Originally Published: Sunday, 9 July 2000 Author: Frank Wiles
Published to: featured_articles/Featured Articles Page: 1/1 - [Printable]

Community Forum: Beware, The Web Has Ears!

It's not often that I write letters to the editor, but when I saw this article on Linux.com, I felt I had no choice but to send in my thoughts. The article was an editorial suggestion to the eventual forking of Linux as an open source project.

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It's not often that I write letters to the editor, but when I saw this article on Linux.com, I felt I had no choice but to send in my thoughts. The article was an editorial suggestion to the eventual forking of Linux as an open source project. My brain forked instead, leaving two paths:

  1. That's wrong.
  2. Oh my, when the suits see this they are going to flip.

The first path was the same one I've often traveled where authors are rewarded for stretching the imagination. But forking Linux? No way. The second path had deeper repercussions. Linux.com is a popular site acting as a Linux portal for people that don't understand what Linux truly is.

After some interesting e-mail conversations with the author, I found that his points were valid. I truly believe that he's a Linux enthusiast, and wants the best for our community. His ideas about producing a mainstream Linux distribution are good ones. The opportunity to write for a fixed platform is something that programmers, who have already adopted Linux as a development platform, are interested in as well. To a certain degree, the argument is purely semantic. Maybe "fork" wasn't the best word to use.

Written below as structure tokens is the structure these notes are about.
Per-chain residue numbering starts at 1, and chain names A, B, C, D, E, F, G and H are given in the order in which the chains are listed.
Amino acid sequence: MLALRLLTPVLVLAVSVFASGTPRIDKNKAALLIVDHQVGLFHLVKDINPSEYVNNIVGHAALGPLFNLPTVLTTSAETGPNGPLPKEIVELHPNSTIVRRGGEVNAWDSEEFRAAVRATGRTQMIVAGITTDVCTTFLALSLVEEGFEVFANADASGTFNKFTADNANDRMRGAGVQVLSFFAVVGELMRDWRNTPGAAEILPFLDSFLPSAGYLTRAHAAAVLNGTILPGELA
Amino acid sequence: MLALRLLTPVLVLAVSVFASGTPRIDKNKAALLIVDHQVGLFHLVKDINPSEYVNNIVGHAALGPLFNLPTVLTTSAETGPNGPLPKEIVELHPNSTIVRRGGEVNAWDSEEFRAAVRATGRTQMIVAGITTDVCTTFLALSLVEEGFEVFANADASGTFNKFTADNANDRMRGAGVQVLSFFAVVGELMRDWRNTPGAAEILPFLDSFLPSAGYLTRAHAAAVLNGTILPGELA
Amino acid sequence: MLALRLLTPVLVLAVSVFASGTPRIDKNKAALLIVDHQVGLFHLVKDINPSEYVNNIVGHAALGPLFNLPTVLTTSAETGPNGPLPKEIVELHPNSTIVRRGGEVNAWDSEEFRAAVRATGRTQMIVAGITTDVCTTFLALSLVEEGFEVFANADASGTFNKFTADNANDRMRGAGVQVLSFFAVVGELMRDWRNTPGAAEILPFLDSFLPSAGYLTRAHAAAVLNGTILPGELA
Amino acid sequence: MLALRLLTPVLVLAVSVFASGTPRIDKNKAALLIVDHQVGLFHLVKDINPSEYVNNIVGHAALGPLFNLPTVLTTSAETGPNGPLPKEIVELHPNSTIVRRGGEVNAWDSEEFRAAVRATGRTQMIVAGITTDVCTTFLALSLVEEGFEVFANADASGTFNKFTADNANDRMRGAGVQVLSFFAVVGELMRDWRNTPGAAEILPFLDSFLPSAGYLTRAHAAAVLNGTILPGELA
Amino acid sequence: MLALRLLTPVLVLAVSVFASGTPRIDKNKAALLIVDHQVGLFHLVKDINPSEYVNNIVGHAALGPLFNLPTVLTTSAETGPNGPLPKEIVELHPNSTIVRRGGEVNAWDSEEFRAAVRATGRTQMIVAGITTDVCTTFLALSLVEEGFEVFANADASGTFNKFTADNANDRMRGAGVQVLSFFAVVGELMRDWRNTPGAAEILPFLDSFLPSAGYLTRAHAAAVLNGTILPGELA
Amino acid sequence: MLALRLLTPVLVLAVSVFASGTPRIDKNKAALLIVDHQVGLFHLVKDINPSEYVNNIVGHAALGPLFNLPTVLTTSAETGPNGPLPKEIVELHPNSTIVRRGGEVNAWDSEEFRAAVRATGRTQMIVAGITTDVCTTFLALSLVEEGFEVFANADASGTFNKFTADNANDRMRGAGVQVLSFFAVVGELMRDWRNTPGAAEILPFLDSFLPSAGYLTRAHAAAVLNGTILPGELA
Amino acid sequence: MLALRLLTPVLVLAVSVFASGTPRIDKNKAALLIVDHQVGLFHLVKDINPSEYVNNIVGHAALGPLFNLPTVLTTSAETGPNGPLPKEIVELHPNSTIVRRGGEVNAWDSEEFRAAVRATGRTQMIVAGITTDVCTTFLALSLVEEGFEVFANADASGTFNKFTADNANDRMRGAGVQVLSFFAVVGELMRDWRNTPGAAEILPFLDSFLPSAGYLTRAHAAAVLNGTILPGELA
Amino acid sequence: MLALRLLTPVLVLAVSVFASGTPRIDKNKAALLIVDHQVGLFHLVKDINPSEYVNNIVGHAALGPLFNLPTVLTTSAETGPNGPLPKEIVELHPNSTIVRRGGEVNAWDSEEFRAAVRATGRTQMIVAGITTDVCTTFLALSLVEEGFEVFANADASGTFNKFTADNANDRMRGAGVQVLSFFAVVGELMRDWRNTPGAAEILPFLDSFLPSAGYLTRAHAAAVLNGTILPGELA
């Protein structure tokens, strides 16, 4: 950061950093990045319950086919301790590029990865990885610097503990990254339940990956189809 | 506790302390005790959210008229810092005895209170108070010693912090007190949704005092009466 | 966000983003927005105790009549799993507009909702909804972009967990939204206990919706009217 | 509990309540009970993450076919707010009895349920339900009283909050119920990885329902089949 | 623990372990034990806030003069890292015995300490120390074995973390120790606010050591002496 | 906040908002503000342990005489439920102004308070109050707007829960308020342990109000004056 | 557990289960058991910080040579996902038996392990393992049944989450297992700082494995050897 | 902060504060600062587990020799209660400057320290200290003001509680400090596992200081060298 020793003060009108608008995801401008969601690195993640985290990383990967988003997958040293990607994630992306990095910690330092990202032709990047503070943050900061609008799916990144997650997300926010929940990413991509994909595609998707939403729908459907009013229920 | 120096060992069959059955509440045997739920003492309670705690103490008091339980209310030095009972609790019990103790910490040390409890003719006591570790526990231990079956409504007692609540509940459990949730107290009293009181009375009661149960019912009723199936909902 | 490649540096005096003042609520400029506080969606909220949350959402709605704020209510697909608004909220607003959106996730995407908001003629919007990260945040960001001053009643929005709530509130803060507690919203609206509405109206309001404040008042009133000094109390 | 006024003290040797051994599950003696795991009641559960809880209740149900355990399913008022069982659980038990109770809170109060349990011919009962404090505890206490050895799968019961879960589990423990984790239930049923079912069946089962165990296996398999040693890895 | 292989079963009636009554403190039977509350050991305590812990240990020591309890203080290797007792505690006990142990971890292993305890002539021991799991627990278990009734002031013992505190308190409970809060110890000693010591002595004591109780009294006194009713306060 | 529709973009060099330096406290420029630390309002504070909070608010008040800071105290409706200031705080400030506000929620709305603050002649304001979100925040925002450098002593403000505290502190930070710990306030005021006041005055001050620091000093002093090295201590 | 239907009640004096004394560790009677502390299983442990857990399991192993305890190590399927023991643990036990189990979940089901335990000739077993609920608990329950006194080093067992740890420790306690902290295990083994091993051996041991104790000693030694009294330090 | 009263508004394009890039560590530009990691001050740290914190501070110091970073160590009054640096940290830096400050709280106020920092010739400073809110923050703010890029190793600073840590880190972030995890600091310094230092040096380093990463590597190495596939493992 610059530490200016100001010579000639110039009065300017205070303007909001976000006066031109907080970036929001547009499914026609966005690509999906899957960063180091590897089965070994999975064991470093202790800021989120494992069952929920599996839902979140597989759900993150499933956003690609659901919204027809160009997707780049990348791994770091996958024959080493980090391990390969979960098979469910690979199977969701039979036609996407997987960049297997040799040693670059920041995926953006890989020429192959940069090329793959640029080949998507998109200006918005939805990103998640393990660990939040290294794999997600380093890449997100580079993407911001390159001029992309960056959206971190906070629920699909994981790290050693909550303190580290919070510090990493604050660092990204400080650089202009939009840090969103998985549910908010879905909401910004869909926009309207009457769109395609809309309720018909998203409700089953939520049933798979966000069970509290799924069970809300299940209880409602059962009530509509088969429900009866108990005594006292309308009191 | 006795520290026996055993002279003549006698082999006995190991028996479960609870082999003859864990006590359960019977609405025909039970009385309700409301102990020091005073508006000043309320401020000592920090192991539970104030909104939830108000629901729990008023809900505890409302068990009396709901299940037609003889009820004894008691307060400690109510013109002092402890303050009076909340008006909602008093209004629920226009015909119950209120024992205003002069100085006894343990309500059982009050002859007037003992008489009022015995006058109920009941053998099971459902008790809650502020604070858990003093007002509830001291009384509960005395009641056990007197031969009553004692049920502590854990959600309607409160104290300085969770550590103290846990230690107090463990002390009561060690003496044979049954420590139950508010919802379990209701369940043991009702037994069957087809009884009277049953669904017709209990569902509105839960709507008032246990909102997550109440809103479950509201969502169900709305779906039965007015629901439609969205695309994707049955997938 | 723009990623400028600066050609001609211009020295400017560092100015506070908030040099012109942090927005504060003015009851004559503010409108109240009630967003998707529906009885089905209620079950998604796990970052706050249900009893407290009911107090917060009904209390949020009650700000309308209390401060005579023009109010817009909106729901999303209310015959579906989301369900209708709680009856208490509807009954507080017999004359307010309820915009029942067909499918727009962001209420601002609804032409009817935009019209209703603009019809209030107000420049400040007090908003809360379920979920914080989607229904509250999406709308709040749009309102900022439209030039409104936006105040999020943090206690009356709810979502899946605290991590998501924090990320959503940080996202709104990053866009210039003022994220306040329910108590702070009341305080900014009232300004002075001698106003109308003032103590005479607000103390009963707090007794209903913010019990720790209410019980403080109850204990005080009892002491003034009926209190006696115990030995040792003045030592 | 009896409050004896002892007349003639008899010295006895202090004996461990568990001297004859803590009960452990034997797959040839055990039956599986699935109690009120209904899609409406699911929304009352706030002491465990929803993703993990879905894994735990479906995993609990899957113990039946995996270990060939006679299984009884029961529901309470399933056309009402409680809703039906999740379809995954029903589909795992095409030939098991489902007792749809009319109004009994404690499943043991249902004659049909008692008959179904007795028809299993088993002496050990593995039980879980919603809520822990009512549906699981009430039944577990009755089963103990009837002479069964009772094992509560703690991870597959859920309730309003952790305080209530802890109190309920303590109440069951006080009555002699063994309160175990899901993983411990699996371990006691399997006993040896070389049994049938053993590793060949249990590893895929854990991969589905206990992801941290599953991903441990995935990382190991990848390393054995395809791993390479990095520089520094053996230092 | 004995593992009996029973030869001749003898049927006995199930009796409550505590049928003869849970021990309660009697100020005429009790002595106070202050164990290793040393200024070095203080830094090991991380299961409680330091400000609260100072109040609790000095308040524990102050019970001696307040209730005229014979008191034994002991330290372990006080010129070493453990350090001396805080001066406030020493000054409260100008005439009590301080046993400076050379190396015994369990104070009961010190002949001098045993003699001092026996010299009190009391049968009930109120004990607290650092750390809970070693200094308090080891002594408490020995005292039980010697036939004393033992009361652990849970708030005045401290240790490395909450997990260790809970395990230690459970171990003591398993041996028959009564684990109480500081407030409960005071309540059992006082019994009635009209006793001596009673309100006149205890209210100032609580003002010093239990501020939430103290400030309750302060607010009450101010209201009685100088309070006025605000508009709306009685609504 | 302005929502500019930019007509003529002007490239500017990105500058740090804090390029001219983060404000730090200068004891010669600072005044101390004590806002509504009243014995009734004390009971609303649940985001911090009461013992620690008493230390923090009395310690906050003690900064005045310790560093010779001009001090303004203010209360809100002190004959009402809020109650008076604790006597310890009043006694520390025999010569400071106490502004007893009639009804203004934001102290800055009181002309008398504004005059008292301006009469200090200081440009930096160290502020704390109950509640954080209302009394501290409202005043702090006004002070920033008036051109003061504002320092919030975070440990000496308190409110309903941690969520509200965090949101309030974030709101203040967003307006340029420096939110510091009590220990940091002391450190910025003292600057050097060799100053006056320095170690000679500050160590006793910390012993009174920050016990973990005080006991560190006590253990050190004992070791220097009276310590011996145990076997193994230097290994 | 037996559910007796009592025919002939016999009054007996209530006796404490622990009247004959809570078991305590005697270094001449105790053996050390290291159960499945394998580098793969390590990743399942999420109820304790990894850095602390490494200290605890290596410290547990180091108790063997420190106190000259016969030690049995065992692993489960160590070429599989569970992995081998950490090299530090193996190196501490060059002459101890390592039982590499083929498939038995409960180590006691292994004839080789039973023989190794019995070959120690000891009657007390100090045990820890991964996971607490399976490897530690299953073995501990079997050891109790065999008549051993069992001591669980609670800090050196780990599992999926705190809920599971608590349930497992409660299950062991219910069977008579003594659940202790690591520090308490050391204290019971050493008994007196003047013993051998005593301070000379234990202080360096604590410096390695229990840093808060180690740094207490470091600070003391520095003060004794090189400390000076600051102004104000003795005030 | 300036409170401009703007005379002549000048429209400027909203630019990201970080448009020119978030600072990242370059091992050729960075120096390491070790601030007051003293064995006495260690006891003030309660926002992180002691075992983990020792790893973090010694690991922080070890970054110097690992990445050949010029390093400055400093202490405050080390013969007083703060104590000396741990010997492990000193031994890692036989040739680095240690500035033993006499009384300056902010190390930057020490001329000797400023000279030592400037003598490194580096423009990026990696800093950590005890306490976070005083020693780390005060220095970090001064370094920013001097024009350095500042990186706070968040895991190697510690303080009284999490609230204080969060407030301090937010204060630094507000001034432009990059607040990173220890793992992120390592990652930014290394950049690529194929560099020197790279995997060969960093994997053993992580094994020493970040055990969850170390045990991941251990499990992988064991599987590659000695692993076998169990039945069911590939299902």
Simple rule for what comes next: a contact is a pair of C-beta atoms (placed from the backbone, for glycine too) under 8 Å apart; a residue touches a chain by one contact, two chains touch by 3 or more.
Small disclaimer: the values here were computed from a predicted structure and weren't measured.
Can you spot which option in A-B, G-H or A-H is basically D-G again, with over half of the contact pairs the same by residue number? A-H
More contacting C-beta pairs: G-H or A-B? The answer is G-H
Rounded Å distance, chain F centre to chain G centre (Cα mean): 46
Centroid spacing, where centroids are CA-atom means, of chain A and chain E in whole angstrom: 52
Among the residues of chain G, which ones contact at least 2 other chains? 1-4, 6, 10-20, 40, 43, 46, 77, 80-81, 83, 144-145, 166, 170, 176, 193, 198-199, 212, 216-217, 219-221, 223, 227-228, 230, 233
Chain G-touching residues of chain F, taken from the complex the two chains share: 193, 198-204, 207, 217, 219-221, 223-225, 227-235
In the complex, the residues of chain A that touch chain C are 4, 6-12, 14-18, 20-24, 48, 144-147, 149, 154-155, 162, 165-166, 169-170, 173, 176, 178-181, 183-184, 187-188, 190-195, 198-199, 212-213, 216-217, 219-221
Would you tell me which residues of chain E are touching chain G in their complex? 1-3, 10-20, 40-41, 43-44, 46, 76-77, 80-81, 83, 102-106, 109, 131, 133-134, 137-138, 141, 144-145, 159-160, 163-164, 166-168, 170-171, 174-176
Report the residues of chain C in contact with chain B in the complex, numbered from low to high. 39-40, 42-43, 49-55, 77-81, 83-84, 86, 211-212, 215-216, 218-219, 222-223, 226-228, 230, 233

The biggest problem I had with this article was the fact that I quickly realized how your average business executive or CTO (henceforth affectionately called "suits") would read this. I could just imagine the conversations taking place the next day:

Suit #1: "You hear they are going to fork Linux?"
Suit #2: "Oh yeah?"
Suit #1: "Yeah, I read it on Linux.com."
Suit #2: "That's a shame, isn't that what destroyed commercial Unix?"
Suit #1: "Yup, and we were just about to deploy a bunch of Linux servers, good thing I read about it in time."

Most of you are probably saying that I am blowing this article and the use of the word fork completely out of proportion, and honestly, I probably am. Fear not, though. This leads to my larger point. The Web has ears. Sites such as Slashdot and Linux.com are now being read by suits as well as geeks. We need to pay more attention to what we say, and how we say it. On the Web as in life, misinterpretation could have serious repercussions.

I realize Linux.com was founded as a site for the community and by the community, but like it or not, it is read by people outside of our community. These people are our future IT managers and Linux customers. We need to take it upon ourselves as a community to communicate clearly and indicate precisely what we mean not only to ourselves, but to people on the outside looking in as well.

Frank Wiles (frank@wiles.org) would like to thank Emmett Plant for helping him to collect ideas for this article.

Please send your editorials for consideration in the Community Forum to editor@linux.com.





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